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The significance of the wide spectrum of histologic findings observed in Hodgkin's disease was an enigma until recently, accounting for its unique and somewhat uncertain position in the scheme of malignant neoplasms. Paragranuloma and sarcoma, the histologic types reported by Jackson and Parker,11 was considered well established as prognostically signficant in a small proportion of cases,12 but clinical staging appeared to provide a more reliable general basis for prognosis and determination of therapy. Investigation in the past decade has focused attention on a defective immunologic system as a result of the demonstrated inability of the host to develop delayed hypersensitivity and delay in homograft rejection.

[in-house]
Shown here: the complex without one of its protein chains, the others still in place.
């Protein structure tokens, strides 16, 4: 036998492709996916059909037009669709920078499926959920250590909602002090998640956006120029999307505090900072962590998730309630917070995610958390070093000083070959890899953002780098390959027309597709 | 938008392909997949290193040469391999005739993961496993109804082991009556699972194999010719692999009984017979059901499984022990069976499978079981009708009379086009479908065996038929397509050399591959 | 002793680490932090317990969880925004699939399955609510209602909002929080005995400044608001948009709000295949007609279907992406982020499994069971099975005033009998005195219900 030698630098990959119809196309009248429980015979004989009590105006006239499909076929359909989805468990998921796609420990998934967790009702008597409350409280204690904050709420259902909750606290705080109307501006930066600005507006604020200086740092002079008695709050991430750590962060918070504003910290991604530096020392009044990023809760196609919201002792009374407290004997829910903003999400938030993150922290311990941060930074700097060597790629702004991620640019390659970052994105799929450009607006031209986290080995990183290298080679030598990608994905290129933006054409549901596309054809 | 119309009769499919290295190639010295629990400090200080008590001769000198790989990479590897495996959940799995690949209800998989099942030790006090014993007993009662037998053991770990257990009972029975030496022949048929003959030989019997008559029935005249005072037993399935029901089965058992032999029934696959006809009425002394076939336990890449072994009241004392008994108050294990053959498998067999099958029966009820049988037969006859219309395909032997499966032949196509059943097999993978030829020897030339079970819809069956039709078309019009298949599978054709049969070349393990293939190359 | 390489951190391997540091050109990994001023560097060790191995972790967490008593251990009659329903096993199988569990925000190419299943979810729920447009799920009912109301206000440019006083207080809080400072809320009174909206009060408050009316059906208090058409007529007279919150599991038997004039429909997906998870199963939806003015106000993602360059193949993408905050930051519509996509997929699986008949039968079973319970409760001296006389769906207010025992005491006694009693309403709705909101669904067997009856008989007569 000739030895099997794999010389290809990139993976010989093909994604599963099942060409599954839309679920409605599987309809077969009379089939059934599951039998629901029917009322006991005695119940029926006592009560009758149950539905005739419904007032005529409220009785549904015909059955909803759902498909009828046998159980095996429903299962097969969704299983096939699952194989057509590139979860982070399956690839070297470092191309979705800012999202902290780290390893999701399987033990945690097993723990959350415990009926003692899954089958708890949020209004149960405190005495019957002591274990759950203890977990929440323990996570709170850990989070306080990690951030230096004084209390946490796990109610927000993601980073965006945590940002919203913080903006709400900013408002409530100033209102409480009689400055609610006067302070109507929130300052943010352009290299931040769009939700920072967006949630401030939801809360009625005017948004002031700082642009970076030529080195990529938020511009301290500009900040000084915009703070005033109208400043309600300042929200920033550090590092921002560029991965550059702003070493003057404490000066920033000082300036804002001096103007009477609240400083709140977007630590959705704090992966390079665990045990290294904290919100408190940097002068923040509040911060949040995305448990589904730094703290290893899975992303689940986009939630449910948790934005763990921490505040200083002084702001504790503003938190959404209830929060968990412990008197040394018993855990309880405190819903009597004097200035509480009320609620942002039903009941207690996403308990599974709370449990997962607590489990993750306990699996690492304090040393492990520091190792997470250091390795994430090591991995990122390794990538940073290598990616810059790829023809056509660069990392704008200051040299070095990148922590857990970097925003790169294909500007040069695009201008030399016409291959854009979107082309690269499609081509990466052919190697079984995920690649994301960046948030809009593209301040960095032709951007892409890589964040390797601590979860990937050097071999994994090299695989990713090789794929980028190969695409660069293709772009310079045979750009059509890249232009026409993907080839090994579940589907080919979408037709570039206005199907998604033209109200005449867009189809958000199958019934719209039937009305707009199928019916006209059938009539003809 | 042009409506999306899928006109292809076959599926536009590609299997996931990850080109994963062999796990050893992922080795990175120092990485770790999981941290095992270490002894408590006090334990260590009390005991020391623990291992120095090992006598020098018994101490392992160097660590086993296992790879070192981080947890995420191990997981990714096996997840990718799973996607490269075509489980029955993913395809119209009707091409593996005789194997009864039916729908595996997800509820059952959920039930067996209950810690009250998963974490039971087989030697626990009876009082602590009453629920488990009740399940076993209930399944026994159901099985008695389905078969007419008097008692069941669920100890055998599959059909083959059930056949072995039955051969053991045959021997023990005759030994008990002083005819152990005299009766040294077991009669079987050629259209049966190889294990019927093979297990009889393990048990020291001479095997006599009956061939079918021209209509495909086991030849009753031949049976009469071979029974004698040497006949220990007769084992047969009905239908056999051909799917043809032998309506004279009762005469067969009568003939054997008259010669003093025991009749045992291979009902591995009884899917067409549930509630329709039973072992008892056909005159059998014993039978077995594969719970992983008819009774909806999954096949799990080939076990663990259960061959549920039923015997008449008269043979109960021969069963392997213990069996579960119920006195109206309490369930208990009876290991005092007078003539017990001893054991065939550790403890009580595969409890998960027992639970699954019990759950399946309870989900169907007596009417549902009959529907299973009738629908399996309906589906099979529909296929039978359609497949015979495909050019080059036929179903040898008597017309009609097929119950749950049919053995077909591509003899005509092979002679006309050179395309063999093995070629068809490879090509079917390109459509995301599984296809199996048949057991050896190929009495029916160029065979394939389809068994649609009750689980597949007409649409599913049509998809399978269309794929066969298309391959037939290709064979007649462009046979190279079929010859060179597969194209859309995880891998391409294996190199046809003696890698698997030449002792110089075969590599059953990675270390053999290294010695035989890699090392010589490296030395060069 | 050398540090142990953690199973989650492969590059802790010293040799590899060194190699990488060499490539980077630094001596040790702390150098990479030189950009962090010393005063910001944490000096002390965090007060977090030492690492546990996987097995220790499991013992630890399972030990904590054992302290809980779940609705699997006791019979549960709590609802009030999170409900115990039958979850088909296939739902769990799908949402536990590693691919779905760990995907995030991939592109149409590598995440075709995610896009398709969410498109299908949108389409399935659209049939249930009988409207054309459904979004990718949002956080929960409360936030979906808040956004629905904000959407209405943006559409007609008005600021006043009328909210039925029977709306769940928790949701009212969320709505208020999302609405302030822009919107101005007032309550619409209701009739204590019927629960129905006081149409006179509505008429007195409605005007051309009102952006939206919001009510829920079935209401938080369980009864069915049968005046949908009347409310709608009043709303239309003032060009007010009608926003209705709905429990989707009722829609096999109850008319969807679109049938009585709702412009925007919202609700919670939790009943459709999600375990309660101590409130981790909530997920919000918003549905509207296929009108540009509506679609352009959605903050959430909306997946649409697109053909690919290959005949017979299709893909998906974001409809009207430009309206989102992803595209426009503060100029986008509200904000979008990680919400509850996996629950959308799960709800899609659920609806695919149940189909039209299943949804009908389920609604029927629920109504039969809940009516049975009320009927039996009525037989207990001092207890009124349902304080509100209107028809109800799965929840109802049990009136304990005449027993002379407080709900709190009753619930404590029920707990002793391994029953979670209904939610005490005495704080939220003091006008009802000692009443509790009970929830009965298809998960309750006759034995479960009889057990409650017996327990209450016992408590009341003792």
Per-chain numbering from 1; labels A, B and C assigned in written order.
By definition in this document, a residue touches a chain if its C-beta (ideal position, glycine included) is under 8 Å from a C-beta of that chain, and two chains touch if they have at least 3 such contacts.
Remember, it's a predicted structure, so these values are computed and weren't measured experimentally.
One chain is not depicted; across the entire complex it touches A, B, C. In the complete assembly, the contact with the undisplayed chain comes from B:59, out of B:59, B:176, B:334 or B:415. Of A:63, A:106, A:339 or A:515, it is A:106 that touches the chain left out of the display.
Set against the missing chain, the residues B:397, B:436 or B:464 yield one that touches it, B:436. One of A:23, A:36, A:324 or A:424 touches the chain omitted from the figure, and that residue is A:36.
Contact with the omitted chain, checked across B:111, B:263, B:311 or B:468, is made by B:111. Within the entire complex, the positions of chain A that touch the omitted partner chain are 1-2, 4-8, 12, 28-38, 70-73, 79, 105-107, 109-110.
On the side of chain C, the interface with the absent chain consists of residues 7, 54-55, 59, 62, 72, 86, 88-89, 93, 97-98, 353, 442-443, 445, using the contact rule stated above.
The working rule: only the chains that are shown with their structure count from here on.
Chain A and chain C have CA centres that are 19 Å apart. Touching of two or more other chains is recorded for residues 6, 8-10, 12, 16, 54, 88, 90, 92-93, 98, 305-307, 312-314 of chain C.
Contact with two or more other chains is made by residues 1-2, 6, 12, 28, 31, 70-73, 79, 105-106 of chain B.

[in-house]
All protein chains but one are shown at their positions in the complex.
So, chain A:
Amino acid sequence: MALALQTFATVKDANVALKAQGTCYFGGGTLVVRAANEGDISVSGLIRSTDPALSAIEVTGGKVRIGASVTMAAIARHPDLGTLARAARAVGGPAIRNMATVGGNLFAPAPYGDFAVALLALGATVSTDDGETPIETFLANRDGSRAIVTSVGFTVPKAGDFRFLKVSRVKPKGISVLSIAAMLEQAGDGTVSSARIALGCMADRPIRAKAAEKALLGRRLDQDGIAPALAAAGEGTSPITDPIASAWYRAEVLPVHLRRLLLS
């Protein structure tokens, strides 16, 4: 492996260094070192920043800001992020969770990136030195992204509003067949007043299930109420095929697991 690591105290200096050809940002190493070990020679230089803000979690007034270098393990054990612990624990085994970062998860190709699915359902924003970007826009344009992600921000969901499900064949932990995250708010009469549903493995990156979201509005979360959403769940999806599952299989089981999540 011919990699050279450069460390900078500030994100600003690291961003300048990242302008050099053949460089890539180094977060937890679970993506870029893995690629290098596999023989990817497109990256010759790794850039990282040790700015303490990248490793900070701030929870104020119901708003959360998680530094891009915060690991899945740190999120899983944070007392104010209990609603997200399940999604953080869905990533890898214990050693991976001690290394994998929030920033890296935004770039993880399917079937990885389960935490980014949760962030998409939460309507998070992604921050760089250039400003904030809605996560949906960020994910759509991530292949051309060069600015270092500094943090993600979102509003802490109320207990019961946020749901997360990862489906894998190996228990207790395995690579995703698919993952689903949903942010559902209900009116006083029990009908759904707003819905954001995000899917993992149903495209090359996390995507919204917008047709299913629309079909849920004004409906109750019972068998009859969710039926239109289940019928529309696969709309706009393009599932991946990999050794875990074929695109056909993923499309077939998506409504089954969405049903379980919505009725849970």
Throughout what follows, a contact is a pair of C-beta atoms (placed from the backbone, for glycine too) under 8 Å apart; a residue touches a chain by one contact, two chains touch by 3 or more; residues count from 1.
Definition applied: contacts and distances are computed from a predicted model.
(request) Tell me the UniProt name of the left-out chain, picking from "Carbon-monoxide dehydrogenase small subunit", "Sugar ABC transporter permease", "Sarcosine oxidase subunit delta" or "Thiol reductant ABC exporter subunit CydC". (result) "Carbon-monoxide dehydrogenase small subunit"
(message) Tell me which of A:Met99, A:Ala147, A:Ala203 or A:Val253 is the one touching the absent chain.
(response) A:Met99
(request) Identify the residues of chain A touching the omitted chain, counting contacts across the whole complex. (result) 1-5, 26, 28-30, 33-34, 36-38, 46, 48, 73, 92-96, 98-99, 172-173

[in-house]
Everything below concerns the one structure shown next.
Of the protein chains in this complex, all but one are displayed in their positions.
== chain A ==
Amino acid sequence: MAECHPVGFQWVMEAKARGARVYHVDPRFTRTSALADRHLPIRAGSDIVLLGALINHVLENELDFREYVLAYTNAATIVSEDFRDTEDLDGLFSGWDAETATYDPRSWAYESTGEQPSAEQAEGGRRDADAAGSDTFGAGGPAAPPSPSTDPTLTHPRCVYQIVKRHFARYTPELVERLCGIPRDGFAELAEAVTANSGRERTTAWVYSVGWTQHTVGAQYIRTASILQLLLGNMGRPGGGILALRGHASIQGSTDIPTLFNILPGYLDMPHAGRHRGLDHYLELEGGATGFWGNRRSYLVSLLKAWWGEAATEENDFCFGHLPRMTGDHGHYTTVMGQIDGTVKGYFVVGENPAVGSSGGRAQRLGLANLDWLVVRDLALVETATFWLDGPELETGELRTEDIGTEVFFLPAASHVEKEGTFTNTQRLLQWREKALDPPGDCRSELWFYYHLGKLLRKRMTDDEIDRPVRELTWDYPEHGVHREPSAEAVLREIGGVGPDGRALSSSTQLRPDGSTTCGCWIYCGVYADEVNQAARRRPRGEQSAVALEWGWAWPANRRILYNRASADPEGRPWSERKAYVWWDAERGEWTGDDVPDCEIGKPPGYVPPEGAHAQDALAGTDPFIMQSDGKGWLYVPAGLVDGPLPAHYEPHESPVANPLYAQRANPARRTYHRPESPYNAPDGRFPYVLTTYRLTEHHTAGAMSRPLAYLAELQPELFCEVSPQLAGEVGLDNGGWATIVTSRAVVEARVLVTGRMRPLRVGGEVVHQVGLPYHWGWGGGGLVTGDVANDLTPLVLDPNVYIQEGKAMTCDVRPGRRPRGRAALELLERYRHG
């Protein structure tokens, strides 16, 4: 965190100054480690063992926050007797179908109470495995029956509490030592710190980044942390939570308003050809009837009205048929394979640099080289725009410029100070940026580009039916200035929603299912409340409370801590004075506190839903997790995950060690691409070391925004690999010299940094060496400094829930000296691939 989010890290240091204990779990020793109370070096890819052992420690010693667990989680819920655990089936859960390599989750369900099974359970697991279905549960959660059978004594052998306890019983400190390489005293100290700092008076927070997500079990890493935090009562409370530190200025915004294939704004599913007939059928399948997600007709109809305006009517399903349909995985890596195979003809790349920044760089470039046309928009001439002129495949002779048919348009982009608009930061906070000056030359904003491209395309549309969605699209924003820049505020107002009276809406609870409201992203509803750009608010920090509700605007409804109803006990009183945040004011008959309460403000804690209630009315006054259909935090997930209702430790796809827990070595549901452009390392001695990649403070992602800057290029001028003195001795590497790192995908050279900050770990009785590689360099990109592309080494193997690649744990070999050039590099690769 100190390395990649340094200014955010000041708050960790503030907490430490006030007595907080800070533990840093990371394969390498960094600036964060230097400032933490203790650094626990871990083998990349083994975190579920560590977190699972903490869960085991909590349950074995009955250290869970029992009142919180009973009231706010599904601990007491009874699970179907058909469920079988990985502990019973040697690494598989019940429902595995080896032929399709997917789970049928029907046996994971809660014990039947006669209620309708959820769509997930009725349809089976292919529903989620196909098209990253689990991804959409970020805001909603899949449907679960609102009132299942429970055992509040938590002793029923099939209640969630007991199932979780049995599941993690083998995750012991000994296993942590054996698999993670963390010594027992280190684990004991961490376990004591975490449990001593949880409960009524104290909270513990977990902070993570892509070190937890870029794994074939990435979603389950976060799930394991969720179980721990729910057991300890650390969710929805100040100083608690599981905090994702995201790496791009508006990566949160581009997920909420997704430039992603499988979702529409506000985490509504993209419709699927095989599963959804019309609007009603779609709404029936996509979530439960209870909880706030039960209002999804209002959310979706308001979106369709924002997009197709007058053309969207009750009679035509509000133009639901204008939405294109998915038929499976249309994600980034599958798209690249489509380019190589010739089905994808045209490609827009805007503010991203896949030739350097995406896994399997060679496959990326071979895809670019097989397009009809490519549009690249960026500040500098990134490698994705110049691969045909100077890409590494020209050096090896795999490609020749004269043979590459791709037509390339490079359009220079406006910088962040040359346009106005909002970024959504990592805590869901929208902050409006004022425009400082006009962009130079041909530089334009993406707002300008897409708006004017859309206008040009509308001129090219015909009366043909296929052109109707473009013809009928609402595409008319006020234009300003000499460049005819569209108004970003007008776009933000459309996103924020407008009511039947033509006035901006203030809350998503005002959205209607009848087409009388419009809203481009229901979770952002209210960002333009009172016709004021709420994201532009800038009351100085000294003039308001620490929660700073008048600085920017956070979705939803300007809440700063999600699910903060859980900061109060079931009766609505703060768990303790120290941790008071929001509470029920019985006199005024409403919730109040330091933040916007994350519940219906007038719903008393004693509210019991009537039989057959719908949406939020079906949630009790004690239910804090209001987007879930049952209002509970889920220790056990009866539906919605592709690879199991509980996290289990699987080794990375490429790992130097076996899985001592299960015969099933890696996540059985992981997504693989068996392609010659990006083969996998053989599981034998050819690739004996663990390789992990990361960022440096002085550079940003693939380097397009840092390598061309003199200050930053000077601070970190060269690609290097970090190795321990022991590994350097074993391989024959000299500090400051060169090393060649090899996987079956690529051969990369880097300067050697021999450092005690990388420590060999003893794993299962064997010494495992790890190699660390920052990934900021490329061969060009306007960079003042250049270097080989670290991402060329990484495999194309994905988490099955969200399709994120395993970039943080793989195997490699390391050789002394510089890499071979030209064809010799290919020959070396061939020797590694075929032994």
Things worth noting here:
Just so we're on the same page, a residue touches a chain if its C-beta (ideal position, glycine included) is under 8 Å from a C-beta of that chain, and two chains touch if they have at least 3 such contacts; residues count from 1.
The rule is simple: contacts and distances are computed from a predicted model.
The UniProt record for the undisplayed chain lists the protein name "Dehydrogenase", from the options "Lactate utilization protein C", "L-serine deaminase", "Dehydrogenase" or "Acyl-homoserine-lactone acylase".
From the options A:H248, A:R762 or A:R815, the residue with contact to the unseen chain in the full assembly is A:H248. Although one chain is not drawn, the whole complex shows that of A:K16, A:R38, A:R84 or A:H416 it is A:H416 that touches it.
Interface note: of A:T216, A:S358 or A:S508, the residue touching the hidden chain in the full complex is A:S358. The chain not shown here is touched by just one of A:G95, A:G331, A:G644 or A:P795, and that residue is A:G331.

Recently, we have been able to shed some light on the histologic types through a new approach relating the histologic features to manifestations of the host reaction.12-14 The relationship between histologic findings and the clinical stages of Hodgkin's disease emphasizes the significance
Lukes RJ. Prognosis and Relationship of Histologic Features to Clinical Stage. JAMA. 1972;222(10):1294-1296. doi:10.1001/jama.1972.03210100042013